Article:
Ministry Resources

NT Fire Starters – Day 196: Acts 24:1-27

READ: Acts 24:1-27

THINK: The world today is full of religion, and perhaps more than ever, people are searching for something spiritual. But people want “spirituality” on their own terms. They want a religion that fits their lifestyle and a faith that is convenient for their personal belief system. They become very uncomfortable and resistant to anything that judges their actions or puts restrains on their self-fulfilling desires. Most people don’t realize that their deepest desires can only be satisfied by self-surrender and that ultimate fulfillment comes only from following the One who gave them life and will one day hold them accountable for how they used it.

RESPOND: In what way was the lawyer, Tertullus, trying to win Governor Felix’s favor? Had Paul been a troublemaker? Why or why not? Who really instigated the riots that seemed to follow Paul (cf. 21:27; 22:22; 24:19)? What was the one “accusation” to which Paul admitted? (See 24:14 note.) What was the significance of referring to salvation through Jesus as “the Way”? What’s the significance of keeping a clear conscience? (See 24:16 note.) How do you do this? How does a good conscience become corrupted and insensitive, and what happens when it does? Why did Paul have favor with the Governor (v. 22)? What does this likely indicate about Felix’s past encounters with or impressions of people who belonged to “the Way”? How does this challenge you regarding your conduct toward people who don’t follow Jesus? What was significant about the things Paul talked to Felix about (v. 25)? Why do you think Felix became fearful listening to Paul? (See 24:25 note.) In what ways is it evident that people today–like Felix (v. 25)–want to listen to and follow only religious views and practices that are convenient?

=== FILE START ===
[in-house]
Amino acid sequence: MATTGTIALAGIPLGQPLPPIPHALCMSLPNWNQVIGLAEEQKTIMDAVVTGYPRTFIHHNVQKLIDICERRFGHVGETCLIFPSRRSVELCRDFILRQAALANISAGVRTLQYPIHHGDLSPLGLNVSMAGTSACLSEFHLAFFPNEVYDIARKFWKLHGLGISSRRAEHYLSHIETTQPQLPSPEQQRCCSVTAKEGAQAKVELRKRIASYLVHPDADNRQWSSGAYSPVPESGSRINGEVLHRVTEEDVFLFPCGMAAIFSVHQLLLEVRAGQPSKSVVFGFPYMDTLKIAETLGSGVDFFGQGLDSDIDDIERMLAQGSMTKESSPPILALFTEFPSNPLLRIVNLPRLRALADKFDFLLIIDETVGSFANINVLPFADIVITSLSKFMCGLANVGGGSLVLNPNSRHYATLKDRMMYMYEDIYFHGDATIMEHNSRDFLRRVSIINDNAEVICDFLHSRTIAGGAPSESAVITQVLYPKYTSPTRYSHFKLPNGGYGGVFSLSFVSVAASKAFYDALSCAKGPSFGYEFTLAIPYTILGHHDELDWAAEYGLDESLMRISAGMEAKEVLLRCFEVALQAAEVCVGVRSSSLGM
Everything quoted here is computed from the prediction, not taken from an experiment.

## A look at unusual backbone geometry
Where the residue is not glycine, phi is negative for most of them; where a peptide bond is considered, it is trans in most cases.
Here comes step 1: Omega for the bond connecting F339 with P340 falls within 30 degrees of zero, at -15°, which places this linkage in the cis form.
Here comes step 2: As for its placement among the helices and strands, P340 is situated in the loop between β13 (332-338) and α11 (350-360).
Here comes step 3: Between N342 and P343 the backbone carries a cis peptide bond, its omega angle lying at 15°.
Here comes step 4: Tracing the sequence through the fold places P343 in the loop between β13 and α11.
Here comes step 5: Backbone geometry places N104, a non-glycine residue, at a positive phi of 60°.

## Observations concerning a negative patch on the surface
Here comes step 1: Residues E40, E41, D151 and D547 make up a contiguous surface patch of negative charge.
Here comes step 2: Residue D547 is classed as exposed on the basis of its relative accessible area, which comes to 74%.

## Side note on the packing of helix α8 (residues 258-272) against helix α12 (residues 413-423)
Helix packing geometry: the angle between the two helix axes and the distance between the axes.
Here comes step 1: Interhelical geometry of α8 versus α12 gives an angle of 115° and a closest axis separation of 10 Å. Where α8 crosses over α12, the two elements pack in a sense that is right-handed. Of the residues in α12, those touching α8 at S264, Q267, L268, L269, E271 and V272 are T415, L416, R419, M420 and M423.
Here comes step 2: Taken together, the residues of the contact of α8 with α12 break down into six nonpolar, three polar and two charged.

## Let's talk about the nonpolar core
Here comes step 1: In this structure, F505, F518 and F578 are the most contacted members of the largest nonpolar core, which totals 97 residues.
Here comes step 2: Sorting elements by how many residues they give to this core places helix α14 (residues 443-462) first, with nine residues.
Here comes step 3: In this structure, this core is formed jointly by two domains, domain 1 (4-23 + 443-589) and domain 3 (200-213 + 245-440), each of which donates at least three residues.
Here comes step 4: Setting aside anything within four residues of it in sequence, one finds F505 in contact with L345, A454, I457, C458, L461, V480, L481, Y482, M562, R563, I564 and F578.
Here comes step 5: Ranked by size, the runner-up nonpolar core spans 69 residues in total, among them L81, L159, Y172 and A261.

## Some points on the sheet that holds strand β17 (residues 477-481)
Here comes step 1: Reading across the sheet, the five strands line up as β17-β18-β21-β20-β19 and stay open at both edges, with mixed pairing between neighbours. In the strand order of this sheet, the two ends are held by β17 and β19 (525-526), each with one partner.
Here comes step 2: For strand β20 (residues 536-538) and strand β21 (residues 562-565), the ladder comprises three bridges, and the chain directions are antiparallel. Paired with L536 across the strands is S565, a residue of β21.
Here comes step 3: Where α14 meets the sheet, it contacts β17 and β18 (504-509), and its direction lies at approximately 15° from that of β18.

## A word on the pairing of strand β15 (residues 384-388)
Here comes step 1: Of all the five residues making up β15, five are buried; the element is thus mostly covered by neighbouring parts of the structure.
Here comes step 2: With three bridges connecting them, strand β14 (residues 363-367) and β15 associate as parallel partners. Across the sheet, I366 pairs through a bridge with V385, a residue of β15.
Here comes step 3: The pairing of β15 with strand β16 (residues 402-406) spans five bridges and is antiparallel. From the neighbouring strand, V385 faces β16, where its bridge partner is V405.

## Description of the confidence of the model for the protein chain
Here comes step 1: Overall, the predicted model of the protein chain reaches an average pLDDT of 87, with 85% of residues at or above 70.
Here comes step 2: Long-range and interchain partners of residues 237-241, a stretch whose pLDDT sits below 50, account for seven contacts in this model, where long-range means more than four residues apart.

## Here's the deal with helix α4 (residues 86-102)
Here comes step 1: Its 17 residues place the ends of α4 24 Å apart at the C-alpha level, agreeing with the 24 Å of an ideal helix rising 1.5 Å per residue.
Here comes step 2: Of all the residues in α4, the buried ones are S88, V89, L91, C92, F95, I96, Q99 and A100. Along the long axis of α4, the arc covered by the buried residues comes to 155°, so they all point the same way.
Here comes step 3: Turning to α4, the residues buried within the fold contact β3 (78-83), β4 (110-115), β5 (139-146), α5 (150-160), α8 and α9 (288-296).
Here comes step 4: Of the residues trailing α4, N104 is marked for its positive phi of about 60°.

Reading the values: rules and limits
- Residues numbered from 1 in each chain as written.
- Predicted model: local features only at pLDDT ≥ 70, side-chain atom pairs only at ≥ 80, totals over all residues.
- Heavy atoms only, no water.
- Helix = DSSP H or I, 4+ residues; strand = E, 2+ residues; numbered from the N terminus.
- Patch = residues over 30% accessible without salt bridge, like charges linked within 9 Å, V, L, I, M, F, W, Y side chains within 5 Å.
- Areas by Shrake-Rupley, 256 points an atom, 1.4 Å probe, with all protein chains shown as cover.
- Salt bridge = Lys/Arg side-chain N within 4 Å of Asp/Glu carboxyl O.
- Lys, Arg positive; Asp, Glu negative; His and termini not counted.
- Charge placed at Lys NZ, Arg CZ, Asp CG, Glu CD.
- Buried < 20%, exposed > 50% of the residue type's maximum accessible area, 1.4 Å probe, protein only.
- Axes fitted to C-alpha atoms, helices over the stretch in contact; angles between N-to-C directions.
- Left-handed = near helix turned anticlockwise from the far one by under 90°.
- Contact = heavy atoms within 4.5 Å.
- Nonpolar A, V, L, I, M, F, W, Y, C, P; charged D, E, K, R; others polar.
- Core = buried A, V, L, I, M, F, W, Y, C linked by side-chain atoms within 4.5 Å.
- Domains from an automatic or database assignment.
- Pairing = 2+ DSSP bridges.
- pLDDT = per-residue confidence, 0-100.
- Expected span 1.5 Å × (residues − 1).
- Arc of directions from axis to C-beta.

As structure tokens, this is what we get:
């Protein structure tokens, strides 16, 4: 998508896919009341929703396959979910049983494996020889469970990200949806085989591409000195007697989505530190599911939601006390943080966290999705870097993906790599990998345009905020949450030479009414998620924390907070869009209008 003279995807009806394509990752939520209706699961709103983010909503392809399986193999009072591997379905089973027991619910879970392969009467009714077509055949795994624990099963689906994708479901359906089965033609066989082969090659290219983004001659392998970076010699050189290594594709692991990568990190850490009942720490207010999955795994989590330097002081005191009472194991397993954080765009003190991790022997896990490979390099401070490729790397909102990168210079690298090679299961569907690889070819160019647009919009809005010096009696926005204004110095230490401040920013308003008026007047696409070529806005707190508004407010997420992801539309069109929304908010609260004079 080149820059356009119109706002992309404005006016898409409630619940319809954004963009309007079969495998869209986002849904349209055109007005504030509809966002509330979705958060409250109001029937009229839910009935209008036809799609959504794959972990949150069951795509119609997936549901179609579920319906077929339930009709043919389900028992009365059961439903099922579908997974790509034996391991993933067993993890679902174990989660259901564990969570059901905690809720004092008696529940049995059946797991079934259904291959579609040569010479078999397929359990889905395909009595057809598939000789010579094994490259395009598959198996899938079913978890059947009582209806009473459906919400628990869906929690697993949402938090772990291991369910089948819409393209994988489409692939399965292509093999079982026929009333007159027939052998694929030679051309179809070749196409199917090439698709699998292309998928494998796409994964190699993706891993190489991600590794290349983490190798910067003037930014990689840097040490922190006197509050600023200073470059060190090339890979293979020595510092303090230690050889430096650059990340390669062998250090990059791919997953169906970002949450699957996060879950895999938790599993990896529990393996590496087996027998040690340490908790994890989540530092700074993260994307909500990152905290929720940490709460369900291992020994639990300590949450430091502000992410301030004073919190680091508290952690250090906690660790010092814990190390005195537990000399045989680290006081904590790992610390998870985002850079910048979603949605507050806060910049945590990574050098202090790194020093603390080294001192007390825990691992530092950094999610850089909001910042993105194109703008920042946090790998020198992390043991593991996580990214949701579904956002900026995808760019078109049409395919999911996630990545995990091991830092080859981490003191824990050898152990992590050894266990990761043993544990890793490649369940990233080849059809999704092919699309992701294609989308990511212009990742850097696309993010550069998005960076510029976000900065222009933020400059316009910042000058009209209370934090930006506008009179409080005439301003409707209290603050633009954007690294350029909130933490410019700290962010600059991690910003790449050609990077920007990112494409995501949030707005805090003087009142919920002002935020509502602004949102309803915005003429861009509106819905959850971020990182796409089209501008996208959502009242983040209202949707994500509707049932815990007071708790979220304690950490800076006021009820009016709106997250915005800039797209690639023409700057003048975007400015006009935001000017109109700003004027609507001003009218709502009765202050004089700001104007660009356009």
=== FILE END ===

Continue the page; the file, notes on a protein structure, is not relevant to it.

PRAY: Ask God to give you wisdom and grace in responding to opposition and accusation. Ask God to give you favor with unbelievers as you strive to honor God and keep a clear conscience toward Him and others.

ACT: If in any way you’ve set an unfavorable example to non-Christians by behaving or responding to them in a harsh, arrogant or less than gracious way, go and apologize to the individuals involved. This includes times when you may have tried to defend your faith and ended up arguing about spiritual issues, but it also includes times when you simply talked or acted inappropriately. This will require a bold effort, but you might be surprised at how it provides a huge opportunity to demonstrate Christian character, to spark spiritual conversations and to share your faith.

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